Oh Web 2.0, it seems like only yesterday that you arrived – is it possible that already you may be getting ready to be replaced? The answer is not quite yet, but the outline of what the Web 3.0 is going to look like is starting to firm up. IT Leaders need to start getting ready for this change now so that when it arrives they can take advantage of all that it will offer…
What Was Web 2.0?
Before we run off and start making predictions about the future of the Internet, maybe it would be a good idea to take just a moment and make sure that we are all on the same page as to just exactly what the Web 2.0 is / was.
When the web first showed up (Web 1.0), everyone rushed out and created static web pages. That was a great start, but it got a bit boring because nothing changed without a great deal of effort. Web 2.0 extended what we had by adding blogging, Wikipedia, social networking (MySpace, Facebook, LinkedIn, etc.) and even microblogging (Twitter). This changed everything because all of a sudden things could be easily changed – and they were!
What Is Web 3.0 Going To Be?
IT Leaders who are trying to keep their teams on track and on top of new technologies need to be asking just what is going to make up the Web 3.0. Dr. Jim Hendler at the Rensselaer Polytechnic Institute has been spending some time thinking about this and he’s come up with some interesting ideas. Dr. Hendler points out that the next version of the Web appears to all be based on Tim Berners-Lee’s (you know, the guy who invented the Web) vision of a semantic web.
In this next iteration of the web, what we’re going to see is more and more complex mashups of data from different applications being used to deliver data in more useful ways. Dr. Hendler believes that the read-write abilities of Web 2.0 applications will be used to build Web 3.0 applications that operate at the data, not the application level.
What’s Going To Make The Web 3.0 Happen?
Before the Web 3.0 can show up, a few critical pieces need to drop into place. Ultimately, what needs to happen is that it has to become easier to integrate web data resources. This is exactly what IT Leaders need to be staying on top of. Here are the emerging technologies that are going to allow this to happen:
- Resource Description Framework (RDF): provides a means to link data from multiple different websites or databases. Uses the SQL-like SPARQL query language.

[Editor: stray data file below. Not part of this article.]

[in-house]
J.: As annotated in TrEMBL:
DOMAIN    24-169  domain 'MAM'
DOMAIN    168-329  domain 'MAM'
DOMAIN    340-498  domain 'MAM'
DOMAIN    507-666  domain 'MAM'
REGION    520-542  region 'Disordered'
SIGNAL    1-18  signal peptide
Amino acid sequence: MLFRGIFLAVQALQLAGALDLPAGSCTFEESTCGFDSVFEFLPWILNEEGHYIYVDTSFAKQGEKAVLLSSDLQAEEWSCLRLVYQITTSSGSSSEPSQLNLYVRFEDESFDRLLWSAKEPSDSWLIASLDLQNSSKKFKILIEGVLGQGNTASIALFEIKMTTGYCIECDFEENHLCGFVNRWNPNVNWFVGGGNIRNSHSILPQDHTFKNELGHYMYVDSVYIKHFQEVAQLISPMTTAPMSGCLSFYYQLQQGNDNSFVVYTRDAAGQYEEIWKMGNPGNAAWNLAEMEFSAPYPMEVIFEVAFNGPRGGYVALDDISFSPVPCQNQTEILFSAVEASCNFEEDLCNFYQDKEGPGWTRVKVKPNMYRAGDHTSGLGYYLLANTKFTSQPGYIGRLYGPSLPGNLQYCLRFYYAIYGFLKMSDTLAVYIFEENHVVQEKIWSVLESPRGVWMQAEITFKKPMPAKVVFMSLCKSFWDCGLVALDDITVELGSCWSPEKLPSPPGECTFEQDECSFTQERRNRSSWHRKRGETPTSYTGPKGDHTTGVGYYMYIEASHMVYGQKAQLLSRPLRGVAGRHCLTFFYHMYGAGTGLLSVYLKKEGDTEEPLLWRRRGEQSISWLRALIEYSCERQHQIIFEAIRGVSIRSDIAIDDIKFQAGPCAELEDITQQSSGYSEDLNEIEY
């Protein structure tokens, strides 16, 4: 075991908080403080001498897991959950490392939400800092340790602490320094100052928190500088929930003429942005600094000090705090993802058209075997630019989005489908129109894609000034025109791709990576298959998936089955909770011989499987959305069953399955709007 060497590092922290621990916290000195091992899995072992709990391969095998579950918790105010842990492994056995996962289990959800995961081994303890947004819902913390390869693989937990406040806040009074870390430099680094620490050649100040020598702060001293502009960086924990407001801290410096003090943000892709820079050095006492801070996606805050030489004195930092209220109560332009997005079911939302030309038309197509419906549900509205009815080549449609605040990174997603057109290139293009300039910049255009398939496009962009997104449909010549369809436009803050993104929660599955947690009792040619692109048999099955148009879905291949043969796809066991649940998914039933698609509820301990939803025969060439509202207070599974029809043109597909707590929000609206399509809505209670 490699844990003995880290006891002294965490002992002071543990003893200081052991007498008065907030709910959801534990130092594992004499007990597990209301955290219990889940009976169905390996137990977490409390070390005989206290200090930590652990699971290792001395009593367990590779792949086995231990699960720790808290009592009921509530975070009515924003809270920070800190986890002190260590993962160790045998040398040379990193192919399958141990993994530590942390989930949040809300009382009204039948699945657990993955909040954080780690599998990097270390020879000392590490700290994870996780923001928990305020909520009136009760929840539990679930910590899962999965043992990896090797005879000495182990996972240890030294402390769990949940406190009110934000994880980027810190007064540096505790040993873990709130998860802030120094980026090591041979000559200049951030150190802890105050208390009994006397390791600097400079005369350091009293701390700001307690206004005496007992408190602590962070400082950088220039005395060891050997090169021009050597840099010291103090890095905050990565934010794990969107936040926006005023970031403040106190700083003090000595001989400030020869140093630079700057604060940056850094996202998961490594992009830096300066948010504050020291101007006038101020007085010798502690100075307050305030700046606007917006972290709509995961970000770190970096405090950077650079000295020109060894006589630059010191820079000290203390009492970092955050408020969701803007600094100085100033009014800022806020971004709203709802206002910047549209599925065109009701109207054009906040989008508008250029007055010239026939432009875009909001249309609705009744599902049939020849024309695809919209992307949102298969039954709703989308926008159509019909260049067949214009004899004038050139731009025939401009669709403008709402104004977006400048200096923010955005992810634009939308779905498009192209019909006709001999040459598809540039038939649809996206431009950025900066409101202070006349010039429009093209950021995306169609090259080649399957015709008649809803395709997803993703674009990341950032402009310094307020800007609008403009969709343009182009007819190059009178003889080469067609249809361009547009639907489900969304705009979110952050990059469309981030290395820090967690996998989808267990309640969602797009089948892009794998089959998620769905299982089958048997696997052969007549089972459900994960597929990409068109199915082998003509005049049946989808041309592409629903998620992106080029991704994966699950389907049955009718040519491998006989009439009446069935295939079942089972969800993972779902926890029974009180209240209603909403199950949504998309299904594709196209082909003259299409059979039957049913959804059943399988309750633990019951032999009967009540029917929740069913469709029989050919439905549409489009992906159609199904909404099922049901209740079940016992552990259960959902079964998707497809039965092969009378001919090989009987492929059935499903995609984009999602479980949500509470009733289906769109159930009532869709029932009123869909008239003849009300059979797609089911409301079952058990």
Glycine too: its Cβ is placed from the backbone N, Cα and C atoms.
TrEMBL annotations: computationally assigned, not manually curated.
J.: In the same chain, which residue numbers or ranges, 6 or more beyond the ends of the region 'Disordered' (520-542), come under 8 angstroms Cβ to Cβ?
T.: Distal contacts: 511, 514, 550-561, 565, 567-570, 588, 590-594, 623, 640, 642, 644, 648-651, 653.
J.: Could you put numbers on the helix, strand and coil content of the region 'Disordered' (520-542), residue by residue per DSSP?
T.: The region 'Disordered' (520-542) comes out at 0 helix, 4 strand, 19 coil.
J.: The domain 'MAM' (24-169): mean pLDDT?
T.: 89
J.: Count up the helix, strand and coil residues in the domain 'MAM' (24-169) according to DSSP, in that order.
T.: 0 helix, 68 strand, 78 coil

- Uniform Resource Identifiers (URI): We already have these – this is how you merge and map data that is found in different locations on the web.
- Web Ontology Language (OWL): allows relationships to be inferred between data that is stored in different parts of the same application.
IT Leaders have many different responsibilities that they have to juggle at the same time. Keeping up on new and emerging technologies is part of the job. The Web 3.0 will be at least as significant of a change as the Web 2.0 was. If they move quickly, IT Leaders can position their teams to get in front of a significant change before it happens. Right now they have such a chance – Web 3.0 is not here yet, but it’s getting ready to arrive.
IT Leaders need to have their teams spending time time to understand what problems that the company is facing today will be able to be solved once you have a better way to unify all of that data that is available on the web. A critical first step is assigning staff to learn and become experts on the new Web 3.0 technologies early on. If you can prepare for the future AND accomplish your other IT tasks at the same time, then the Web 3.0 will have provided you with yet another way to transform yourself from an IT manager into a true leader.
Questions For You
What is the level of adoption of Web 2.0 technologies in your department currently? Is anyone currently studying the new technologies that Web 3.0 will be built on? Is anyone on your team studying how Web 3.0 abilities can be used to help your company? Leave me a comment and let me know what you are thinking.
What We’ll Be Talking About Next Time
Have you ever heard the phrase “When senior management doesn’t know what to do, they reorganize”? I’m not sure if this is always true, but it sure seems as though when times are tough reorganizations, restructuring, and even re-engineering are things that can happen to any department in IT. What’s an IT Leader to do about it?